Emma is a wonderful caregiver for Mr. Woodhouse, as Carol Adams points out; Ms. Adams read Emma repeatedly while caring for her mother with Alzheimer’s, and was inspired by Emma’s example. But we see that almost everyone in Highbury is sympathetic and patient with Mr. Woodhouse. It seems that being a “valetudinarian” was perfectly acceptable and something people were willing to live with.
What Did Mr. Perry do?
- Treatments: Mr. Perry, the apothecary, visits Mr. Woodhouse regularly. They share news more than talk about health. What would Perry probably do? He might check Mr. Woodhouse’s pulse and make recommendations; Hill recommends taking the pulse regularly, to see if anything is wrong. Another contemporary doctor, Dr. Reid, recommends social visits, which Mr. Perry’s visits to Mr. Woodhouse provide. Reid also recommends cheerfulness, but says, “In the instance of an aged melancholic, we might almost as well attempt to change the complexion of his grey hairs, as to brighten the dark hues of his imagination” (268). Emma is never able to truly cheer her father, unfortunately.
- Medications: Perry may also prescribe harmless (hopefully) tonics or natural medicines. Dr. Reid says a course of medicines is good for the valetudinarian because it gives him “a source of amusement” in an empty day. Because the doses have to be taken at different times, it divides up the day, helping “conquer the tedium of the day.” He continues, “Such is the power of imagination, that the result of a medicine depends much upon the respect which a patient feels for his physician. Faith will give virtue to the most inefficient remedy . . .” (342-3). On this criterion, any remedies his beloved Mr. Perry gives to Mr. Woodhouse must be very effective, since Mr. Woodhouse thinks so highly of him!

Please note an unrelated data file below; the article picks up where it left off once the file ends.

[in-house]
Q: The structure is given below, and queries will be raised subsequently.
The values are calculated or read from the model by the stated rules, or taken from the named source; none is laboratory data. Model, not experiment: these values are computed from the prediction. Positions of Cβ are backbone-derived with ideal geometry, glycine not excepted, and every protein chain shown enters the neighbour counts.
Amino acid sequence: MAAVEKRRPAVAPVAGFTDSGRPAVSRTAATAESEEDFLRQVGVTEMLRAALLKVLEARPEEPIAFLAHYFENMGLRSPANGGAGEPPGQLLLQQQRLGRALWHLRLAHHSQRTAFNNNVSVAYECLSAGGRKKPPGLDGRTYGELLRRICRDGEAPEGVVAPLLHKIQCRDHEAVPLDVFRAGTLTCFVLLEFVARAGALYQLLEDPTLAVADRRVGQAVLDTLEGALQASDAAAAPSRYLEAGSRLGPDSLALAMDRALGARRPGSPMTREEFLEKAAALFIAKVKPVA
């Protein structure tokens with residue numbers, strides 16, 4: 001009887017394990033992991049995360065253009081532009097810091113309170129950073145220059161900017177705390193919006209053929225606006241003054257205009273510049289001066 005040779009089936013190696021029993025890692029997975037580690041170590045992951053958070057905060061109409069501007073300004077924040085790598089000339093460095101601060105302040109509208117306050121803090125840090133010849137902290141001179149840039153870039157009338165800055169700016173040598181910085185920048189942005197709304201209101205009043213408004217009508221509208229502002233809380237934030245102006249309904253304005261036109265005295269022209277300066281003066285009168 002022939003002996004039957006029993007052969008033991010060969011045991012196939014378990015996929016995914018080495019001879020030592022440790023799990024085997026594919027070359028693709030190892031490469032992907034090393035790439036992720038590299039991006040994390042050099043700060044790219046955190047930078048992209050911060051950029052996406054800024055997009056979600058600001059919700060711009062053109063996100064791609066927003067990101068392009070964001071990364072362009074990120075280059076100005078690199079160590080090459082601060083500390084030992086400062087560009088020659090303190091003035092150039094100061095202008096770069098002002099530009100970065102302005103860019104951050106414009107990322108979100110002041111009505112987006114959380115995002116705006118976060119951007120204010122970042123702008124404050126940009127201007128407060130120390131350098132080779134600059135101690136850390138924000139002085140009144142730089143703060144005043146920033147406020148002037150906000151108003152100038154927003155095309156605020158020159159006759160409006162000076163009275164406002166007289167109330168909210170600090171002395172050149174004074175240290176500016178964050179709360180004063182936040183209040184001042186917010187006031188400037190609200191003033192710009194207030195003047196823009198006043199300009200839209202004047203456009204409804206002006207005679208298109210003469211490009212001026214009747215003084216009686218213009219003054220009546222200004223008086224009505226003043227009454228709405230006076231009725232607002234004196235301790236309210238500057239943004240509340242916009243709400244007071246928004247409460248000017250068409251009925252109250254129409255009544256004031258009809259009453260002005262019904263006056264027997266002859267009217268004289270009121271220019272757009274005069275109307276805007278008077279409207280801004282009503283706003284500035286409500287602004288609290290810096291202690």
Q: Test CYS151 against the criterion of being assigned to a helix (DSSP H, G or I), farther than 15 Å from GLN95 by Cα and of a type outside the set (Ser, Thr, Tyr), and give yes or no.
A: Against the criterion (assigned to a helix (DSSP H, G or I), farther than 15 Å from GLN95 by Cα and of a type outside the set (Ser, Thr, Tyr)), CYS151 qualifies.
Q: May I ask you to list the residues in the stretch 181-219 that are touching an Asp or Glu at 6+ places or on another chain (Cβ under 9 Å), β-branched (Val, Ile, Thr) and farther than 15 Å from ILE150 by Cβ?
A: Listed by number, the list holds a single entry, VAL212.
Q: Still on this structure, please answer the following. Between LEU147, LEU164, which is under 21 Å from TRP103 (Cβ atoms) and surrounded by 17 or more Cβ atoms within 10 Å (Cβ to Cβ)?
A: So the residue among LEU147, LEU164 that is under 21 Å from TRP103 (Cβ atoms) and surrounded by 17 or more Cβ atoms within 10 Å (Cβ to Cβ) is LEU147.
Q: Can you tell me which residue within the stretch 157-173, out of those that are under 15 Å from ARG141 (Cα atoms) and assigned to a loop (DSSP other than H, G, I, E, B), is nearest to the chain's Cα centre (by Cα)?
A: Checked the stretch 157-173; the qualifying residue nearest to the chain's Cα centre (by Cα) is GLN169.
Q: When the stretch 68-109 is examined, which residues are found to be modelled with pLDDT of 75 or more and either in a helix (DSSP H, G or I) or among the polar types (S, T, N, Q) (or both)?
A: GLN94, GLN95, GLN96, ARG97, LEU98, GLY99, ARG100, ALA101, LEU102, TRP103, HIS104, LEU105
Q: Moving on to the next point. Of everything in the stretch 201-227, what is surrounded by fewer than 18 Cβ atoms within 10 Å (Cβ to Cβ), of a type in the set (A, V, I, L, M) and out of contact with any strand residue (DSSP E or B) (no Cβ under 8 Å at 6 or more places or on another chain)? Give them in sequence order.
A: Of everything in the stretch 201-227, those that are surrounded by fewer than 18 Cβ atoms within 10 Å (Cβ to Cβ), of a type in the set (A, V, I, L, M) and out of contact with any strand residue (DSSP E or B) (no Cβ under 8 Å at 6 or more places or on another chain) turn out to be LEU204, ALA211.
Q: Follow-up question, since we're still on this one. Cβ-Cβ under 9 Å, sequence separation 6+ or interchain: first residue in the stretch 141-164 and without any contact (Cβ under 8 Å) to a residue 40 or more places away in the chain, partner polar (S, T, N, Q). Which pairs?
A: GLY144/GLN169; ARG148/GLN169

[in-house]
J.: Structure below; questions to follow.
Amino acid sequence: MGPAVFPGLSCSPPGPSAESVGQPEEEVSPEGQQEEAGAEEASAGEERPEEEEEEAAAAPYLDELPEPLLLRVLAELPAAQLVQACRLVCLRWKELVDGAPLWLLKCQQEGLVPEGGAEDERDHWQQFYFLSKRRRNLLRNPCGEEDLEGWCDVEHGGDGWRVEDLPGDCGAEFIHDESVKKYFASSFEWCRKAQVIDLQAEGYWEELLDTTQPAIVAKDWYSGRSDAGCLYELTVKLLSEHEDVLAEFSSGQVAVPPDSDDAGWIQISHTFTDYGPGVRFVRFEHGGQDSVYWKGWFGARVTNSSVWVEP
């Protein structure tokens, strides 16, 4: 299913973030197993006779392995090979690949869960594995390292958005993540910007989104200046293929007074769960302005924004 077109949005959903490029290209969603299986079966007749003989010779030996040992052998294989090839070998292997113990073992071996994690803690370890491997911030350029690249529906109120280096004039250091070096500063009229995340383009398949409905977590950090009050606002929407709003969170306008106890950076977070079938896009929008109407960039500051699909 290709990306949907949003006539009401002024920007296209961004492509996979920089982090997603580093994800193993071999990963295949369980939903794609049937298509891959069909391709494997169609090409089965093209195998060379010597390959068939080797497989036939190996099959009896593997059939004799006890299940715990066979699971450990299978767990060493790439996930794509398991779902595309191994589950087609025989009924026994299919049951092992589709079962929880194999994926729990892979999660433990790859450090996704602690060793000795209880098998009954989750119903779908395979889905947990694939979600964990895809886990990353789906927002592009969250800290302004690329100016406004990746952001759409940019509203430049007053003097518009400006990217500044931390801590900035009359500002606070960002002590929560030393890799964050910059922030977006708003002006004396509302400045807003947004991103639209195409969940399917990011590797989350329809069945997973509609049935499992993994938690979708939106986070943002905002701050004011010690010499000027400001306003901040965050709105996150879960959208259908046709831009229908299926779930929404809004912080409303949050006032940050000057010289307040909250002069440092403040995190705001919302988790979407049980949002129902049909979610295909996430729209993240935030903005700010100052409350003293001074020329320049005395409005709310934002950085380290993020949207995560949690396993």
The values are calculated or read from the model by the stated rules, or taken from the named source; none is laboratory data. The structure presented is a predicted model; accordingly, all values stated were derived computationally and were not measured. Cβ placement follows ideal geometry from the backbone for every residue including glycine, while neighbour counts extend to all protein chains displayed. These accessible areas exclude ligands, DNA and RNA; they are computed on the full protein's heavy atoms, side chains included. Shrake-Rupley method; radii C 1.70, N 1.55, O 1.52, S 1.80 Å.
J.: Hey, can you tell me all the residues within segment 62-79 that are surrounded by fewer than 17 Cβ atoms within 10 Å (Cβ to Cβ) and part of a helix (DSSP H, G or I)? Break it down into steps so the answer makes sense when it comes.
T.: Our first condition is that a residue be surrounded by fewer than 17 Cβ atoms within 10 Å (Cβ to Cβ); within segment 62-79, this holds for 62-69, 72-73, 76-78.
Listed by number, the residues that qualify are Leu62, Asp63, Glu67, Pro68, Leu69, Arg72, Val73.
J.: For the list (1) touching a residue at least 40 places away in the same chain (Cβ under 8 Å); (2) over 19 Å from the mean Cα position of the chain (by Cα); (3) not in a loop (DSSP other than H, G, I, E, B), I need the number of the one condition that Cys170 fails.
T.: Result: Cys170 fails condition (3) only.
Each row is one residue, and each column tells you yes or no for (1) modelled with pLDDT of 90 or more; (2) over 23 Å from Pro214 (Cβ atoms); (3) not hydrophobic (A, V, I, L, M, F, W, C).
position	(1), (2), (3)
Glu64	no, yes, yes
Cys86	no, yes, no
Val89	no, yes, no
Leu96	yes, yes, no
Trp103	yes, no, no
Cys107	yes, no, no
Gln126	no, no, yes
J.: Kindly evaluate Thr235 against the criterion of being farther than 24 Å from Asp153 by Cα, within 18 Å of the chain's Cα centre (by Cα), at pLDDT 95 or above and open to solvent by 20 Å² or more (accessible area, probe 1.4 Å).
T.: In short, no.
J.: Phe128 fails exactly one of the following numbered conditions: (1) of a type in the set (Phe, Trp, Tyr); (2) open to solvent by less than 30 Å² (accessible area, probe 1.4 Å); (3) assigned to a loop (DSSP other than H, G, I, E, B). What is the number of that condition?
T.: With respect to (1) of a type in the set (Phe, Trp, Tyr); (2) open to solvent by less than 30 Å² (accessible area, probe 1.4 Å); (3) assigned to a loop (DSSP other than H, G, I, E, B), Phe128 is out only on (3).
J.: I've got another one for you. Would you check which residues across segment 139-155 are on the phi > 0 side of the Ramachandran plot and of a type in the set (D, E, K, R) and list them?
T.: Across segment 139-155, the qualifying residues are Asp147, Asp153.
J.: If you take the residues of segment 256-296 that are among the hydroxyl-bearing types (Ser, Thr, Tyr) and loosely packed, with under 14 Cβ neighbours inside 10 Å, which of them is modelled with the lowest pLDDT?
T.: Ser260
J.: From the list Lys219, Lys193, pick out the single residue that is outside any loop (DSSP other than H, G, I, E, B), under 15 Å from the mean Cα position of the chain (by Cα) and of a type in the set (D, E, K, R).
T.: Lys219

Dr. Reid’s Essays (1821) offer further advice which could have benefited Mr. Woodhouse. Reid says it’s foolish to spend our days thinking constantly about our health; in fact, taking too much care of one’s health might destroy it (406). Why attempt to live longer, if our life is “absorbed in such selfish and paltry anxieties”? “Nothing, surely, can be more idle and absurd than to waste the whole of our being in endeavours to preserve it [our life]; to neglect the purposes, in order to protract the period of our existence” (413). In other words, why work so hard on living longer if we have no other purpose in living?
Mr. Woodhouse’s life would have been better with some worthwhile occupation. Reid recommends doing good for others, particularly working for their eternal spiritual good, as a way of making our lives meaningful (and also avoiding hypochondria). “How much happier is the man whose faith can move mountains, than one whose fears are apt to magnify into a mountain the slightest unevenness in his path!” (415). Mr. Woodhouse does magnify minor issues into mountains, no doubt to the detriment of his health. However, he is also concerned about others—unable to understand their point of view, but at least trying to help them stay healthy. Perhaps if he had a deeper understanding himself, of life and faith, he might be more concerned with the true well-being of others, as his friend Mr. Knightley is in Emma. As it is, he is focused on the body, which will some day fail him. Health is important, but let’s keep it in perspective! No matter what we do, some day we will all die.
How can you and I better spend our lives? What worthwhile purposes will you pursue in this coming new year?
Next week we’ll look at Mrs. Churchill and other examples of hypochondria, as doctors would have understood it at that time.
Bader, Ted. “Mr. Woodhouse is not a Hypochondriac!” Persuasions On-Line vol. 21 no. 2 (Summer 2000).
Cullen, William. First Lines of the Practice of Physic. [Physic=Medicine] Volume 4. Edinburgh: Elliot, 1786.
Hill, John. The Old Man’s Guide to Health & Longer Life with Rules for Diet, Exercise & Physick for Preserving a Good Constitution, and Preventing Disorders in a Bad One. First published 1750. London: British Library, 2013.
Adams, Carol. “Jane Austen’s Guide to Alzheimer’s.” Dec. 19, 2015.
Reid, John, M.D. Essays on Hypochondriasis, and Other Nervous Affections. London: Longman, 1821. Second edition.
Also recommended, on the foods Mr. Woodhouse recommended eating, and why:
Emsley, Sarah. “Why Mr. Woodhouse Takes Care About What His Guests Eat,” Jan. 8, 2016.
Note: There are modern theories that Mr. Woodhouse had syphilis; you can easily find them online. But I believe that the more obvious explanations for his behavior that I’ve given here, based on popular health recommendations of the time, are more reasonable and more in keeping both with Mr. Woodhouse’s character and with Jane Austen’s work in general.